U.S. flag

An official website of the United States government

NIH: Fogarty International Center NIH: Fogarty International Center
Advancing Science for Global Health
Advancing Science for Global Health
Home > News > Global Health Matters > People in the News December 2008 Print

People in the News December 2008

November - December, 2008  |  Volume 7, Issue 6

Daschle named secretary of DHHS

mugshot: Sen. Tom Daschle

President-elect Barack Obama selected former Sen. Tom Daschle as secretary of health and human services. In addition to heading the department, Daschle also will serve as Obama's White House adviser on health reform. Daschle said his role would be "not just implementing reform but helping to generate it" as well as supporting the "researching the cures of tomorrow."

CNN series features Dr. Nathan Wolfe

mugshot: Dr. Nathan Wolfe

Dr. Nathan Wolfe, a Fogarty and NIH grantee, was featured on CNN's "Planet in Peril" series recently as Anderson Cooper traveled with him through the jungles of Cameroon following small game hunters. In a time of rising food prices, the bush meat feeds their families and can be sold in urban areas. But the contact between hunter and animal is a leading cause of new viruses that can spread around the world in hours. Wolfe also spoke at a Fogarty-sponsored symposium at the American Society of Tropical Medicine and Hygiene.

Grantee can be heard on mollusk podcast

mugshot: Dr. Margo G. Haygood

Dr. Margo G. Haygood of the Oregon Health & Science University, who recently won a $4 million award from Fogarty and other federal agencies, explained her project of studying sea snails and shipworms on a podcast produced by Genetic Engineering and Biotechnology News. Her work in the Phillipines--"right smack in the center of the region of highest marine biodiversity on earth." Hear the podcast at http://tinyurl.com/5z23qh.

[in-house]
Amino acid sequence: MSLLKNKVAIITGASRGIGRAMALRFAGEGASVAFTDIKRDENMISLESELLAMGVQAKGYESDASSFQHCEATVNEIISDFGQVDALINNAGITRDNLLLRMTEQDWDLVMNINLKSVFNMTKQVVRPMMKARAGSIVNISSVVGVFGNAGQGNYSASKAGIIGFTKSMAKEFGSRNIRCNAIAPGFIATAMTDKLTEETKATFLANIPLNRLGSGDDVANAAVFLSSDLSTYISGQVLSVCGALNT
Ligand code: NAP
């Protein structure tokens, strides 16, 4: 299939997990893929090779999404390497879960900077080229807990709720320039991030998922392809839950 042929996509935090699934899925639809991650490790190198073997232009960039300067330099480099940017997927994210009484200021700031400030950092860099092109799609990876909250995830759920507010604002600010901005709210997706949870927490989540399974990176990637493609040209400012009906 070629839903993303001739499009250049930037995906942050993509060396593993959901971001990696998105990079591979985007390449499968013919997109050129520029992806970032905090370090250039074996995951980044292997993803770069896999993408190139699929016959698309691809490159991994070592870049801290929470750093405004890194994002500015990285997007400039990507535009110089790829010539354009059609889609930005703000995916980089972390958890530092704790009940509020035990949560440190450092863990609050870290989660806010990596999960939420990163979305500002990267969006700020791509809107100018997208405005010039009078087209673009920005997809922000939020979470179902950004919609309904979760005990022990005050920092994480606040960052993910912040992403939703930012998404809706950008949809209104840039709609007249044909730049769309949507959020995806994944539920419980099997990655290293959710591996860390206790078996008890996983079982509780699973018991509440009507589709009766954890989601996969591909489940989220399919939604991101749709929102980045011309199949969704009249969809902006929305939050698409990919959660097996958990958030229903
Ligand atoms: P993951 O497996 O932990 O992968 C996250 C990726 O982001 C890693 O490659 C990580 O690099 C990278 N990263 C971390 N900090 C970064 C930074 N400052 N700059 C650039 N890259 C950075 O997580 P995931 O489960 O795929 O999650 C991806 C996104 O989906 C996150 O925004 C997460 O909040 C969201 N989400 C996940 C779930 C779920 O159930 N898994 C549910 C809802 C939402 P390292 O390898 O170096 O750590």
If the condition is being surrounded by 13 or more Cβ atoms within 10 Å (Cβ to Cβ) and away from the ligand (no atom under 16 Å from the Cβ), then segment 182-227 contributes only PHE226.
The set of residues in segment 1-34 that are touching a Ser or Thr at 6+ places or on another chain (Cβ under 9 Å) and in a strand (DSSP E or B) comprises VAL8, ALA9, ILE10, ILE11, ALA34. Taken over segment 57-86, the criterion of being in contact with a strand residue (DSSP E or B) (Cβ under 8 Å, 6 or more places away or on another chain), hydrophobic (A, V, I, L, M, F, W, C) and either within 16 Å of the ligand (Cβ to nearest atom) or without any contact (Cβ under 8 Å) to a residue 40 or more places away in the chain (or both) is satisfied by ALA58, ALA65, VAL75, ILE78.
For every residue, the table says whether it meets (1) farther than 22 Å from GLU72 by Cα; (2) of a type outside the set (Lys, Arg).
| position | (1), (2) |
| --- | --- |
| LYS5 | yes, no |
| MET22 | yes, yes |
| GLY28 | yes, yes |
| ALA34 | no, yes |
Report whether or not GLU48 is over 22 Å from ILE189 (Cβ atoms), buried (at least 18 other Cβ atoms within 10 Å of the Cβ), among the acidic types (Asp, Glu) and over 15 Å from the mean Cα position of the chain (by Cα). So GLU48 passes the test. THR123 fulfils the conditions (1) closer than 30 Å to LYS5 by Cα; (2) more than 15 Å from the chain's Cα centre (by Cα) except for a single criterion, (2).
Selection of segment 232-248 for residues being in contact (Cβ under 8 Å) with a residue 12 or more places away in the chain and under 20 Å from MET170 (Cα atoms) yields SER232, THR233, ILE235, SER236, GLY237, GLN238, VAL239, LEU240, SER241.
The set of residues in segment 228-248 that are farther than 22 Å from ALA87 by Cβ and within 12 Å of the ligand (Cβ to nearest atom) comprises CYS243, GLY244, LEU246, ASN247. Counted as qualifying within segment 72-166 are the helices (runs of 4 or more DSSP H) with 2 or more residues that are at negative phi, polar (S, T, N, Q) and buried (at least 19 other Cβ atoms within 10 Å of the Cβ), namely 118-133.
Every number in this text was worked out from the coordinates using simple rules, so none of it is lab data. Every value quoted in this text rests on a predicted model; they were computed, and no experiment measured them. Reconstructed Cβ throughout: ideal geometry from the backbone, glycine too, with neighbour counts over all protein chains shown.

Rosenthal speaks on biodiversity value

Dr. Joshua Rosenthal speaks to symposium panel.

Dr. Joshua Rosenthal, Fogarty's deputy director of international training and research, was part of a symposium panel at the recent National Council for Science and the Environmental biodiversity conference.

He spoke on the value of biodiversity to the search for new medicines and therapies and the role of animals, plants, and microbes in understanding human physiology, disease and dysfunction.

Birnbaum returns to head NIEHS

mugshot: Dr. Linda Birnbaum

Dr. Linda Birnbaum, a microbiologist and president-elect of the International Union of Toxicology, will become director of the National Institute of Environmental Health Sciences in January. Birnbaum has served as a federal scientist for nearly 29 years--the first ten of those at NIEHS--and most recently as a senior advisor at the Environmental Protection Agency, where she served for 16 years as director of the Experimental Toxicology Division. She succeeds Dr. David Schwartz.

Rockey designated acting head of OER

mugshot: Dr. Sally Rockey

Dr. Sally Rockey has been named Acting Director of the NIH Office of Extramural Affairs. She joined the NIH in late January 2005 as the OER deputy director. Previously, she was chief information officer at the Cooperative State Research, Education and Extension Service of the Agriculture Department. At OER, Rockey led the transition from paper to electronic applications and served as the NIH research integrity officer.

Sabin Institute names new chairman

mugshot: Dr. Morton P. Hyman

Retired businessman and philanthropist Morton P. Hyman has been named chair of the Sabin Vaccine Institute, succeeding founding president Dr. Philip K. Russell.

"Mort Hyman's election as board chair comes at an opportune time as we expand our activities into multi-dimensional aspects of neglected tropical and other infectious diseases," says President Dr. Peter Hotez, a member of Fogarty's advisory board.

UNAIDS gets new executive director

Michel Sidibe holding microphone, addressing an audience.

United National Secretary General Ban Ki-Moon has named Michel Sidibe as the new executive director of UNAIDS, succeeding Peter Piot as of Jan. 1. Piot announced his retirement earlier in 2008 after 13 years in the post.

"He brings a wealth of experience together with a firm commitment to human rights and to greater involvement of people living with or affected by HIV-AIDS," Ban said. 

To view Adobe PDF files, download current, free accessible plug-ins from Adobe's website.